This article is part of our special report Consumer Choice on the Internet.
SPECIAL REPORT / The European Commission is stepping up its efforts to inform and protect consumers when they shop online, in a bid to boost e-commerce.
A new directive on consumer rights is supposed to be law in all member states by mid-June, when the transposition period ends for the rules adopted by the EU in November 2011.
The legislative text seeks to protect consumers when they purchase goods online, which is considered the new frontier in the EU single market, for its huge potential and its relatively low development. The EU institutions agreed to ban so-called ‘cost traps’, meaning unsolicited expenses hidden behind free offers. Many consumers online have faced such a trap up to now.
With the new rules entering into force, these inconveniences should occur less frequently, as online buyers will have to “explicitly confirm that they understand that they have to pay a price,” according to the agreed provisions.
Online consumers are especially worried about how they get reimbursed for returning goods which are not matching their expectations, for example, when shoes do not fit, or when products arrive damaged.
According to a poll of European online shoppers carried out in 2011 by the consumer policy consultancy, Civic Consulting, “the greatest concern of respondents is that, returning a product they did not like and getting reimbursed, is not easy”.
To overcome this hurdle for the take-up of e-commerce, EU institutions decided to extend to 14 calendar days the period under which consumers can withdraw from a sales contract.
The existing period is seven days, starting from the day of the sale. The new withdrawal period begins instead when consumers receive the product.
These measures have been approved despite concerns raised by online shoppers on their possible abuses. It would be even easier for a teenager to order a new dress online, use it for a weekend party, and send it back for free to the shop, argues one e-commerce expert.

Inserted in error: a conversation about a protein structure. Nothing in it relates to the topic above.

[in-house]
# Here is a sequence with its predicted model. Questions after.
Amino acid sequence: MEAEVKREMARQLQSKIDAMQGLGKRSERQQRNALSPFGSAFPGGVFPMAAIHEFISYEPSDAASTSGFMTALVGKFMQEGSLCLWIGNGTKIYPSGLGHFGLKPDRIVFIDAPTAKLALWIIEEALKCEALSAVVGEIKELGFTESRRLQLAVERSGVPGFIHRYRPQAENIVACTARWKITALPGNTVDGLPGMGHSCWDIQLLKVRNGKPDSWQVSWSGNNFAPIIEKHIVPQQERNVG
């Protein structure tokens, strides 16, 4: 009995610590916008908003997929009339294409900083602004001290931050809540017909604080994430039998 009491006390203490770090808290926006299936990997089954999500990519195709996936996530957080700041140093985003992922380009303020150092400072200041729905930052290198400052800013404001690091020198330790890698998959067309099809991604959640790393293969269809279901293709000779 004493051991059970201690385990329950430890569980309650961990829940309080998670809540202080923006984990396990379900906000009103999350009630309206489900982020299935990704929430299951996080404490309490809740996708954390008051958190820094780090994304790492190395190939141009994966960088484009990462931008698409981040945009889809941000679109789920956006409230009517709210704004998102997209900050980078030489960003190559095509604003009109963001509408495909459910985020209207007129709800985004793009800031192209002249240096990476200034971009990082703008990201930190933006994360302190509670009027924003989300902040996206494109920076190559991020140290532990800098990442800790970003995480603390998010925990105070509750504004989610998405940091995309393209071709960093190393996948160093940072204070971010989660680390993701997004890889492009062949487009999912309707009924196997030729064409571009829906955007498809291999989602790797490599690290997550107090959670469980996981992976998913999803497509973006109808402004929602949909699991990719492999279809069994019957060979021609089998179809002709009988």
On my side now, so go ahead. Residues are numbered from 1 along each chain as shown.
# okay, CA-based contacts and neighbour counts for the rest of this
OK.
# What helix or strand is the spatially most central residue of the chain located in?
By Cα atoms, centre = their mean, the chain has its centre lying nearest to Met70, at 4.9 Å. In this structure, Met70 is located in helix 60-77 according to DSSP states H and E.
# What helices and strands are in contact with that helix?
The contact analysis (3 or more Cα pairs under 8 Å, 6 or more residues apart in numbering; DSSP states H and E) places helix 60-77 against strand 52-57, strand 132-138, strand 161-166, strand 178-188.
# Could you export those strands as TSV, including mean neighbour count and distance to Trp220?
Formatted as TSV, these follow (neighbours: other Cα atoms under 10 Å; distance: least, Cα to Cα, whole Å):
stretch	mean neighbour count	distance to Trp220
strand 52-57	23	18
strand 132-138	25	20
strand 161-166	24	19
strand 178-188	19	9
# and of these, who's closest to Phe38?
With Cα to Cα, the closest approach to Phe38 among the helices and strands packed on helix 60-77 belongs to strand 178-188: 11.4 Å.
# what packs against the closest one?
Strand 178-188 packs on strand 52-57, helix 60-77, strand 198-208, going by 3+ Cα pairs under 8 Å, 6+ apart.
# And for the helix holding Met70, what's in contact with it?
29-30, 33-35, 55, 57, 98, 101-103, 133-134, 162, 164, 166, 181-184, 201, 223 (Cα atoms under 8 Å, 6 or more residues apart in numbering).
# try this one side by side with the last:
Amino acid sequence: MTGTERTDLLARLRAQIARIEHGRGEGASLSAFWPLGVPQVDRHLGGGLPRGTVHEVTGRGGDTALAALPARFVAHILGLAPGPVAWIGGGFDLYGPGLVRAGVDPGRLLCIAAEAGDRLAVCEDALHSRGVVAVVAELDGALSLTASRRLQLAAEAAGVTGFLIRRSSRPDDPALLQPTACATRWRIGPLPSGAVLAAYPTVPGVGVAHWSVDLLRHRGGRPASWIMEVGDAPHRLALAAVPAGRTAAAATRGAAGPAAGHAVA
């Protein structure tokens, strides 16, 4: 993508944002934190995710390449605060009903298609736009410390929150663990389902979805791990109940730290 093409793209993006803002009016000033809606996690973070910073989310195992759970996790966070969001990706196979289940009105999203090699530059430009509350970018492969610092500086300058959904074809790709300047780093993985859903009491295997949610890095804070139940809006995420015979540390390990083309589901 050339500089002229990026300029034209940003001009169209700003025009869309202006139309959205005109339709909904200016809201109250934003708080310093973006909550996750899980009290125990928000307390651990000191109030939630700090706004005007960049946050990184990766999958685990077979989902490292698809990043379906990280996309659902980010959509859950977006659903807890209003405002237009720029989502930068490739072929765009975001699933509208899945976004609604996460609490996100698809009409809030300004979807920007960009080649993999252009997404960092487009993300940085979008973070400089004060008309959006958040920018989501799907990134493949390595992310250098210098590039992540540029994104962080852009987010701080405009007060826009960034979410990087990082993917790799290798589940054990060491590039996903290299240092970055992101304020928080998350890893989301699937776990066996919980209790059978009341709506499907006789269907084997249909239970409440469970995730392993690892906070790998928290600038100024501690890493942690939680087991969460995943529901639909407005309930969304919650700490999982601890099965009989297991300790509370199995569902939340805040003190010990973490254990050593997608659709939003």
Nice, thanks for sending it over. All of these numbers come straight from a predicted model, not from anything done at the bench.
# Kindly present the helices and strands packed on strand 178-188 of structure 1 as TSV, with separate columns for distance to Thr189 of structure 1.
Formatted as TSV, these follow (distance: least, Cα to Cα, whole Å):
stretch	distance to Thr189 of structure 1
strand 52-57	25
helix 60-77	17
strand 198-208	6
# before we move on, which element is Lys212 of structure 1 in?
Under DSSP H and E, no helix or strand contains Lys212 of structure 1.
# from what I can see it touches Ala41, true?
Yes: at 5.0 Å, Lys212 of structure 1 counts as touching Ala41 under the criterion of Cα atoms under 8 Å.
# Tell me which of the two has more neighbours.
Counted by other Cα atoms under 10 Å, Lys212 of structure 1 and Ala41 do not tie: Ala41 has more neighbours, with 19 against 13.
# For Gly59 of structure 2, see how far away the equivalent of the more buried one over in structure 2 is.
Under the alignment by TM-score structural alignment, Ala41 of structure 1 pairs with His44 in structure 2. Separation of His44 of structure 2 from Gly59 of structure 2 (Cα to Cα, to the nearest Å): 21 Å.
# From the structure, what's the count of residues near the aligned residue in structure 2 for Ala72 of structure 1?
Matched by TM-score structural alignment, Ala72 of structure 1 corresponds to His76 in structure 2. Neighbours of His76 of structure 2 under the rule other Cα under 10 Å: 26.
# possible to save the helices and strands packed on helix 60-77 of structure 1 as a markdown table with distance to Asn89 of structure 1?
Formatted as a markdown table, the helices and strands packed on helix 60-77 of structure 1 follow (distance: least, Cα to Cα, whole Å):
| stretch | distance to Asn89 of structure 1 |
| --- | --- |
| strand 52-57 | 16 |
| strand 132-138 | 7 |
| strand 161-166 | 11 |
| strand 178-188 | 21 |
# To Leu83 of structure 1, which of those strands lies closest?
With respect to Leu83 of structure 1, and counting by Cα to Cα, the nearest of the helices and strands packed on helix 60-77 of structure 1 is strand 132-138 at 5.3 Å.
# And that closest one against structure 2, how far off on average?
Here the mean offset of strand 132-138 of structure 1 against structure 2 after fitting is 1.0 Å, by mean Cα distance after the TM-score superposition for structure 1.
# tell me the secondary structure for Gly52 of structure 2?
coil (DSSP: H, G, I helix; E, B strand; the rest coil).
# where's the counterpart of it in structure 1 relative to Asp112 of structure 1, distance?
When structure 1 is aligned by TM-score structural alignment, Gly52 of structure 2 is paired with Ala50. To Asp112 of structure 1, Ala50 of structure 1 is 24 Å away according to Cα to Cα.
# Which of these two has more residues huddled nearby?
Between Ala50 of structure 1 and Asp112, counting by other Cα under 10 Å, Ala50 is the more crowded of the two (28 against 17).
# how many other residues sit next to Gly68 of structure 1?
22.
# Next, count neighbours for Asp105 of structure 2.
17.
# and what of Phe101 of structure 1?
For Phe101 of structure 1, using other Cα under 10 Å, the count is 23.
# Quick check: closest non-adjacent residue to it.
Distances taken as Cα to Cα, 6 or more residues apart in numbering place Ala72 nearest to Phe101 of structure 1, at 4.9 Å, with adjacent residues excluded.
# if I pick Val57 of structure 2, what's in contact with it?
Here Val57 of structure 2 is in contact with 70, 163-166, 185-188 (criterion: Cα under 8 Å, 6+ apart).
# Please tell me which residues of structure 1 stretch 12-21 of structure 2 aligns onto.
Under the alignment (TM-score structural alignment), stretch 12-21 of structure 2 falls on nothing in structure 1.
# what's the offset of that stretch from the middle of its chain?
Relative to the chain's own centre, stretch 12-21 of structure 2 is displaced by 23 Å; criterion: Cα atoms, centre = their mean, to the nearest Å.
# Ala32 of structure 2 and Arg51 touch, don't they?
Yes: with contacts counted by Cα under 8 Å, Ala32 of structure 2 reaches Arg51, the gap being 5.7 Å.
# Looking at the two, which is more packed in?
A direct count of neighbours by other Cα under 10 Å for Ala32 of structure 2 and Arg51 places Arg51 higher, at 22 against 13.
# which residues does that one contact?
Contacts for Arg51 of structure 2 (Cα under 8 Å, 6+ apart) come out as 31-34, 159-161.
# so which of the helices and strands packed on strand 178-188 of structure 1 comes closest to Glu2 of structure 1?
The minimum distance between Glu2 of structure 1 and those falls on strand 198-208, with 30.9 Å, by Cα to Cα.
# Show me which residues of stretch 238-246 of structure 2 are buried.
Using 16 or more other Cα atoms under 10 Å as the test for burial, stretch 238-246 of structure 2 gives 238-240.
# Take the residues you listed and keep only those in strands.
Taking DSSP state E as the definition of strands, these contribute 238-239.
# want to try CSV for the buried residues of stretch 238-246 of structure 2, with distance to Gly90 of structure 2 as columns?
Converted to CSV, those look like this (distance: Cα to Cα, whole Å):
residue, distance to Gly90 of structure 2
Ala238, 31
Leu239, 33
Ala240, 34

Some online retailers claim that half of what they sell is sent back by buyers. Moreover, costs for returning goods can be up to €13 per item, some studies point out.
Yet, in the bid to spur e-commerce, the new rules are taking in little account the shoppers’ concerns, and also impose a two-week limit for the refund of unsatisfied clients.
The transparency crusade
Under the new provisions, traders are obliged to disclose the total cost of the product or service, as well as any extra fees. Too often. consumers have found their bills much higher than the price tags seen online.
This effort to improve transparency also involves extra charges for paying with credit cards, which will no longer be allowed.
Furthermore, the new directive bans pre-ticked boxes when offering additional services, which have so far obliged unwilling buyers to un-tick them, or risk buying unrequested products or services.
In general, the new rules uphold the principle that “online shoppers will not have to pay charges or other costs if they were not properly informed before they place an order,” reads a Commission press release about the consumer rights directive.
The online search conundrum
The EU push in favour of e-commerce is driven by the lure of a business which is in principle less affected by national borders, and also by the fact that online consumers are supposed to have access “to a wider choice of products at more competitive prices,” read EU notes on the subject.
However, this basic principle is threatened by developments in the critical market of online search, which in Europe is dominated by one player: Google.
The recent expansion of the US tech giant into the online sales market, by placing an increasing number of ads and paid links in its search result pages, is raising many eyebrows among competitors, consumer organisations and regulators.
The risk is that Internet users may find it more complicated to access the best options and the most competitive prices, as Google increasingly drives them to its sponsored services.
The EU antitrust commissioner, Joaquin Almunia, started in 2010 an investigation into some of the controversial practices of the online search giant (see EURACTIV) following complaints from several companies, including online travel agencies and Web map services.
Despite a provisional settlement announced by Joaquin Almunia in February, the case remains open, and may lead to further binding commitments for Google.
The Commission may also tackle the Google case from a more specific consumer rights approach.
“Business models should be geared towards offering services in a transparent way, also when it comes to online searches for the best deal. EU rules and their proper enforcement protect consumers from being misled,” argued the EU commissioner in charge of Justice, Viviane Reding, who is behind the new consumer rights directive.
“I am ready to look at EU consumer legislation to see if it can address substantiated concerns that are not be covered by competition law,” said the EU commissioner in charge of consumer policy, Neven Mimica.
These warnings may easily be upheld by their successors in the next Commission, which is expected to take office in November 2014.